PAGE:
- ZTO’s adjusted profit grew 35% in the fourth quarter, reversing a trend that saw the figure decline in five of the last seven quarters
- Return to profit growth comes as recent price war eases, and amid growing signs of consolidation in the fragmented logistics sector
By Shirley Lau
Staying on top in an established industry is no easy feat, let alone in a vibrant and fiercely contested one like China’s logistics sector, where a half-dozen major companies deliver millions of packages daily for legions of e-commerce shoppers.
For the past two years, ZTO Express Cayman Inc. ZTO has taken great pains to safeguard its big share in China’s courier sector and also improve its profitability, amid the dual challenges of Covid disruptions and a vicious price war that is only now easing. It seems to be succeeding – at least for now – based on its latest results published last week that showed the company returning to profit growth after an unstable period of mostly declines.
All the key metrics in its latest report look encouraging: annual revenue rose 20.6% to 30.4 billion yuan ($4.8 billion); and parcel volume grew 31.1% to 22.3 billion packages delivered, allowing ZTO to maintain its No. 1 position by market share for a sixth consecutive year.
But the best news for investors was on the company’s bottom line. ZTO’s adjusted net income rose 35.2% in the fourth quarter year-on-year to 1.7 billion yuan, reversing a trend that saw the figure decline in five of the last seven quarters.
Despite those upbeat numbers, investors were unimpressed. ZTO’s U.S.- and Hong Kong-listed shares climbed just slightly in the days after the results were announced, even as many other Chinese companies rallied on signals that the U.S. and China maybe close to a deal that would allow Chinese companies to remain listed in New York. Then again, logistics is hardly as sexy as the high-growth internet, and intense competition makes it even less attractive.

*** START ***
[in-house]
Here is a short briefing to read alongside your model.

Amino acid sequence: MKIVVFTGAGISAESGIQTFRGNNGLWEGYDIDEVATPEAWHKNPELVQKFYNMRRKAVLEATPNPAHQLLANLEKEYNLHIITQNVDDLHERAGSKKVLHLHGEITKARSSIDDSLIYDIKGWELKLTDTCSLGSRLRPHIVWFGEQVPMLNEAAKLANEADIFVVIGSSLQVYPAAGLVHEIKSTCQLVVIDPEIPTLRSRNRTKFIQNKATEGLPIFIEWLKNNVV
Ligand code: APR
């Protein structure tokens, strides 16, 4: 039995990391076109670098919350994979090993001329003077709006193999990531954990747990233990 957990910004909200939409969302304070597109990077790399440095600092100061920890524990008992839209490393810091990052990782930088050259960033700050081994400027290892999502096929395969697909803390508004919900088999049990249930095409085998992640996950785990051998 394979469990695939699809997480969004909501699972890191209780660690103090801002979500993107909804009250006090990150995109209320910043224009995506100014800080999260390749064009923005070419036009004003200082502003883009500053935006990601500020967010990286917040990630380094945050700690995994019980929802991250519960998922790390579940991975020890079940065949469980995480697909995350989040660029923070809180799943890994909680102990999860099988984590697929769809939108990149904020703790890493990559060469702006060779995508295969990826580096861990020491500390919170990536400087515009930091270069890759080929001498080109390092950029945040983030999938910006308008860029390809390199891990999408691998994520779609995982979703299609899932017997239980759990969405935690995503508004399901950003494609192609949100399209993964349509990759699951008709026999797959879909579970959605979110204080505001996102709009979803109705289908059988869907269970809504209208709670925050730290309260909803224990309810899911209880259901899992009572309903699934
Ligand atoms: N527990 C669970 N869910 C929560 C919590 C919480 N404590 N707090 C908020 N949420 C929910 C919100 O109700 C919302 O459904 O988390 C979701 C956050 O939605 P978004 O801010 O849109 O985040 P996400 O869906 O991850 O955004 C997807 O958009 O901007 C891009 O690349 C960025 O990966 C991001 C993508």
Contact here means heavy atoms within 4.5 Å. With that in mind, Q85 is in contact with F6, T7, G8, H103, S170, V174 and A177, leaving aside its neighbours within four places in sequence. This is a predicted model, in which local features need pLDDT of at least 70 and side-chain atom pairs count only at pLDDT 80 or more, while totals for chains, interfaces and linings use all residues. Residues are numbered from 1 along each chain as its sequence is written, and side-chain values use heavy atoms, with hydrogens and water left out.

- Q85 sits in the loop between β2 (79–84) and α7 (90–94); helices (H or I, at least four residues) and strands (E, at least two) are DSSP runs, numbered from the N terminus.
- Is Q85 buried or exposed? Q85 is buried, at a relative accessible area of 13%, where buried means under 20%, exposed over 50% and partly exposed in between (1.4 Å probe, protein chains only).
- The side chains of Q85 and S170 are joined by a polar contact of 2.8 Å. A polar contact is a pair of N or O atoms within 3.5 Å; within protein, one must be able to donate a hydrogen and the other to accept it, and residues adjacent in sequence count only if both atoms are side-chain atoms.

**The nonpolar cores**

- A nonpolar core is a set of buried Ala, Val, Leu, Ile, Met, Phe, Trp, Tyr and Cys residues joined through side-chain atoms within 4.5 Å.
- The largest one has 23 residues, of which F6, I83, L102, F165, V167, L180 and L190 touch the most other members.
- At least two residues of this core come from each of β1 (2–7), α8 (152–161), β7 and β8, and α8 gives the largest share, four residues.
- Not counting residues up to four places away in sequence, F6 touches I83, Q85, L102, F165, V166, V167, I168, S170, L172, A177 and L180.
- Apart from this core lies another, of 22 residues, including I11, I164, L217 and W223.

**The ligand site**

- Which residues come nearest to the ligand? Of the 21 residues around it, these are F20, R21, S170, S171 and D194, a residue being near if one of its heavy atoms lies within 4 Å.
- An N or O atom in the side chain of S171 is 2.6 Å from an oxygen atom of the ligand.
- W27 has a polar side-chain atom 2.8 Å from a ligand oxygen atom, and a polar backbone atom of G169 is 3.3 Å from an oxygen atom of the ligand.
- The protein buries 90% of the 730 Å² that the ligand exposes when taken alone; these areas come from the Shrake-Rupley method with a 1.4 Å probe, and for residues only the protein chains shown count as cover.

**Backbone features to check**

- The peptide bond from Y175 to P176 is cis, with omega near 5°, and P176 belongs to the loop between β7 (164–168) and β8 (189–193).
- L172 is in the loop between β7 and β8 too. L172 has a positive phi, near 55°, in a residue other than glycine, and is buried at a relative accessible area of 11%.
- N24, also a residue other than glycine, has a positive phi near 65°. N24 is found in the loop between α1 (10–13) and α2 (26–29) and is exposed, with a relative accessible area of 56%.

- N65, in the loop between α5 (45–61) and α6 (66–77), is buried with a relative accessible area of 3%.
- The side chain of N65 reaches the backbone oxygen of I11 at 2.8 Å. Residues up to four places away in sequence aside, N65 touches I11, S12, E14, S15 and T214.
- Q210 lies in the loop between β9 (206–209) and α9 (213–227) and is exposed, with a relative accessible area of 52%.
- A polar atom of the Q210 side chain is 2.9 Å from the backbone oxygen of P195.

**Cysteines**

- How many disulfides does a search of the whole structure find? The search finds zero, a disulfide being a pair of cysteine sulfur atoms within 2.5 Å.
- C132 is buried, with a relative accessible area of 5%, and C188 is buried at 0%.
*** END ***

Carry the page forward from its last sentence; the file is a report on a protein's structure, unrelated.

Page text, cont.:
ZTO’s solid performance can be attributed to both internal and external factors: the company’s own resilience in the face of challenges, and, perhaps most important, the easing of an extended price war that only dissipated after the government stepped in.
China’s parcel delivery industry, the world’s largest by both package volume and revenue in 2021, now employs some 3 million people. The sector handled 108.3 billion parcels in 2021, up 29.9% from 2020 and equal to more than half of all parcels delivered globally, according to the country’s State Post Bureau.
ZTO is among the top six industry players, leading a group of five that includes YTO Express (6123.HK; 600233.SH), STO Express (002468.SZ) and Yunda Express (002120.SZ) that all operate on a network-franchise model. SF Express (002352.SZ) was distinguished from its rivals by using a direct operation model until recently. The industry’s other major player is JD Logistics (2618.HK), the delivery arm of e-commerce giant JD.com.
ZTO is the youngest among that group, born in 2002. But it has made up for lost time through efficient operations, and now counts all of China’s major e-commerce companies among its clients. It listed in the U.S. in 2016, in the country’s biggest IPO that year, and two years later got a major vote of confidence when e-commerce leader Alibaba bought 10% of its shares. In September 2020, ZTO completed its secondary listing in Hong Kong.
Unsustainable price wars